By Crystal Lewis Brown, Fort Jackson LeaderMarch 27, 2009
FORT JACKSON, S.C. -- After one week of validation, one week of training and one week of testing, two Fort Jackson Soldiers can now call themselves "true blue."
Yesterday marked the end of this year's Expert Infantryman Badge competition, making 10 noncommissioned officers and two officers the newest recipients of the blue badge.
Two of those Soldiers, Staff Sgt. Joshua King, Company A, 2nd Battalion, 13th Infantry Regiment, and Staff Sgt. Juan Hernandez, Company A, 1st Battalion 13th Infantry Regiment, earned the title of "true blue." True blue Soldiers are those who earn the EIB without any "no gos." A "no go" means the EIB candidate failed to pass a particular task. A candidate who gets a "no go" on a task gets one more chance to re-test. A failure at the same station, or more than two from all stations, puts him out of the competition.
Although 124 Soldiers were eligible to compete for the EIB, only 34 passed the prerequisites necessary to move on to the competition, said Sgt. 1st Class Patrick Whaley, the event's noncommissioned office-in-charge. Only Soldiers who have a military occupational specialty of 11B, or infantryman, can compete for the actual award. They must have scored at least 75 percent in an Army Physical Fitness test, complete a land navigation course and finish a 12-mile road march within three hours.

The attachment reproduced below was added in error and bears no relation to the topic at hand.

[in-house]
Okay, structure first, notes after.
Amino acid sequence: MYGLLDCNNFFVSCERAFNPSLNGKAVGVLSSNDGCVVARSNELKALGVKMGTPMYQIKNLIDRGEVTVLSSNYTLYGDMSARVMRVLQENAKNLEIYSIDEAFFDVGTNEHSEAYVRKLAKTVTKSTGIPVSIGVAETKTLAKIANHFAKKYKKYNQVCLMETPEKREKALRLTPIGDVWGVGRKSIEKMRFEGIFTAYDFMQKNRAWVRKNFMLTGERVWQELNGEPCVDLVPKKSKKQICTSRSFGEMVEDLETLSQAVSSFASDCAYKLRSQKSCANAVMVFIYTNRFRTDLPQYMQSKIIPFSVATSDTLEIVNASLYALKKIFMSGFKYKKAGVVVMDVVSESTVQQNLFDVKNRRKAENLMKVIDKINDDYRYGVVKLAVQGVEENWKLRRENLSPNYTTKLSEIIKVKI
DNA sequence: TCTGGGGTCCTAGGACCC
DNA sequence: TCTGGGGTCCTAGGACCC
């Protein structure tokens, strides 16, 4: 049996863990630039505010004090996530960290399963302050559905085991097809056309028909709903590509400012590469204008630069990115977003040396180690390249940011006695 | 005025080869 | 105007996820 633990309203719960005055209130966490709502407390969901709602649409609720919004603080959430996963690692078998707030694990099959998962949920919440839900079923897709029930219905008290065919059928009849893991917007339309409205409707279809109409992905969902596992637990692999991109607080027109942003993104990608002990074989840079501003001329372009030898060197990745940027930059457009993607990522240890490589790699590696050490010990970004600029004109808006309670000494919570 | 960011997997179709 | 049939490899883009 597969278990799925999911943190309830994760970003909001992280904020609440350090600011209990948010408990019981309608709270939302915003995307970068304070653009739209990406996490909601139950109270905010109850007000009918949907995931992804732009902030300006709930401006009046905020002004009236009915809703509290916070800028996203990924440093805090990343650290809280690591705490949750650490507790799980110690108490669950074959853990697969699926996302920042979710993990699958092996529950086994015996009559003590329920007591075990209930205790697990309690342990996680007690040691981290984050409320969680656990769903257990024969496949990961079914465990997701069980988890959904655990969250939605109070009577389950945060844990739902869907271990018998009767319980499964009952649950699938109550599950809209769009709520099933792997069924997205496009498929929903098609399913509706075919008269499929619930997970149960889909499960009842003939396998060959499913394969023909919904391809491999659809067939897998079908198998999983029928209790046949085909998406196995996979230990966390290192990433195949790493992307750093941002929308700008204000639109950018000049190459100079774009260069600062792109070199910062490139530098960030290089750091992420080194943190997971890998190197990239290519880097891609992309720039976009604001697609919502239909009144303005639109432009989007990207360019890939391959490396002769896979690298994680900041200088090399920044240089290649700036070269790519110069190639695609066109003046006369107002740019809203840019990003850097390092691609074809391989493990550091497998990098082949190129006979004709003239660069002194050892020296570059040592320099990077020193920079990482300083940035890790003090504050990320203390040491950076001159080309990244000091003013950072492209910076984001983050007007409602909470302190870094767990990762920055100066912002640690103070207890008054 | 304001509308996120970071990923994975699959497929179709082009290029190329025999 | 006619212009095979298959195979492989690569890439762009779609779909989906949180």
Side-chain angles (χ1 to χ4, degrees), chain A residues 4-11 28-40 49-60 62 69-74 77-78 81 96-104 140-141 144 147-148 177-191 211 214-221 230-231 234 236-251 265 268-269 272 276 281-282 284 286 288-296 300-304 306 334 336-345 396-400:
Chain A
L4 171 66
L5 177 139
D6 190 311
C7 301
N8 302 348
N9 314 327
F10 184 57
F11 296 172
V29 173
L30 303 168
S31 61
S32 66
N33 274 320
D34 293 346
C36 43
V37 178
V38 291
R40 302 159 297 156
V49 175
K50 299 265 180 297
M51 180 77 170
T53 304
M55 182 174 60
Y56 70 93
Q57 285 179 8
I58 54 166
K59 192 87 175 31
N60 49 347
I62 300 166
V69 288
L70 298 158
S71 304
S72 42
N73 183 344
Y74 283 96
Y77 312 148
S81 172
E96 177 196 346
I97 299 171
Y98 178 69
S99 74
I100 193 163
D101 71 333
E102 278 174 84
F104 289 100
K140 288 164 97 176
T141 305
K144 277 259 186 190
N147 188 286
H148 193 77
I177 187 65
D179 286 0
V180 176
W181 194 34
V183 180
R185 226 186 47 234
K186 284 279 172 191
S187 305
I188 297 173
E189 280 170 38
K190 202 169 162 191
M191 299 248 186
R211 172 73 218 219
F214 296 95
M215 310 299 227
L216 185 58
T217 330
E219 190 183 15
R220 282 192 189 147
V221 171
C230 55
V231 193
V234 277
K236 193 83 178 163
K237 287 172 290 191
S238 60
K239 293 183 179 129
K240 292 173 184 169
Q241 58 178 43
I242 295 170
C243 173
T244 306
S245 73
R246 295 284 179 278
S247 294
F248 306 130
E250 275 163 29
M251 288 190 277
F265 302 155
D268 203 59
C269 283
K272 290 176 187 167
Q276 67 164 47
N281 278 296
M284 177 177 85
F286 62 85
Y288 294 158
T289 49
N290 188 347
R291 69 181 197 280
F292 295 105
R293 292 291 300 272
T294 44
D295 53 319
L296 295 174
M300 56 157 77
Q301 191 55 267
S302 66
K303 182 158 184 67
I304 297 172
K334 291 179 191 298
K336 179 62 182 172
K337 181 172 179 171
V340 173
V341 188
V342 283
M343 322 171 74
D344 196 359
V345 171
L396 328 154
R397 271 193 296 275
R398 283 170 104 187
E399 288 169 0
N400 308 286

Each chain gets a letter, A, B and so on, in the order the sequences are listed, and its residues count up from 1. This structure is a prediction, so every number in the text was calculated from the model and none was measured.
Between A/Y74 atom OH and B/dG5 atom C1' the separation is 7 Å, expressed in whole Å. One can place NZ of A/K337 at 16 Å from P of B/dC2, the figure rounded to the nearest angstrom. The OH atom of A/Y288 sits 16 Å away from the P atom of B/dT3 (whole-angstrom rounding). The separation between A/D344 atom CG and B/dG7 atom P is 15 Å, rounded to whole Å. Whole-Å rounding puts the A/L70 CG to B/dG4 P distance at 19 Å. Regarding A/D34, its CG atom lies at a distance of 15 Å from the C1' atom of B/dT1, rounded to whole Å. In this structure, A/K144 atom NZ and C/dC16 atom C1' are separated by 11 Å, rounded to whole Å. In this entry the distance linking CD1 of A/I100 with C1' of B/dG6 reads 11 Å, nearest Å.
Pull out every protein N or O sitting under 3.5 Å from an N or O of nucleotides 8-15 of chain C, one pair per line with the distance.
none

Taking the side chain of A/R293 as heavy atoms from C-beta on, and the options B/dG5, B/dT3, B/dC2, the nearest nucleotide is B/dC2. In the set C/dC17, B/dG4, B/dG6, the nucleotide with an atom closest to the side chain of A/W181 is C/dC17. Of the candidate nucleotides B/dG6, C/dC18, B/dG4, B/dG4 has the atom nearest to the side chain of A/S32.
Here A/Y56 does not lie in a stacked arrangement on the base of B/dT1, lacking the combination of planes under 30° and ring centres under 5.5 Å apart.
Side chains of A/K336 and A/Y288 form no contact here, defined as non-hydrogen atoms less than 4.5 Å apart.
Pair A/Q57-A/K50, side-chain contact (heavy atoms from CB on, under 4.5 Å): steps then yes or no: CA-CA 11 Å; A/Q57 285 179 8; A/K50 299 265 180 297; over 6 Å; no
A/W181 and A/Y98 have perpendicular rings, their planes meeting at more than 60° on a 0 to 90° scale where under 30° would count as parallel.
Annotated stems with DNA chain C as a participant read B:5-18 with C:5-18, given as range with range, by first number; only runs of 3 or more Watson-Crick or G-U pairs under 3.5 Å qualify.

For an infantryman, the blue badge with the silver rifle is a symbol of pride. A Soldier who spots the badge on the uniform of a NCO or officer knows that infantry is an expert in his field, Whaley said.
"For the EIB, in today's Army, that Soldier knows what that badge means," he said. "I would want a guy on my team who had an EIB."
Soldiers competed in 34 tasks, including tests in assembling various weapons, camouflage techniques, hand grenade throwing, first aid, using a claymore mine and firing a .50 caliber machine gun.
Whaley said the completely NCO-run event not only gives Soldiers the chance to earn a coveted award, it shows what being a NCO is all about.
"It's about getting the NCOs together and showing what we can do as a NCO corps," he said. "Being the year of the NCO, this is the root of what we do -- training."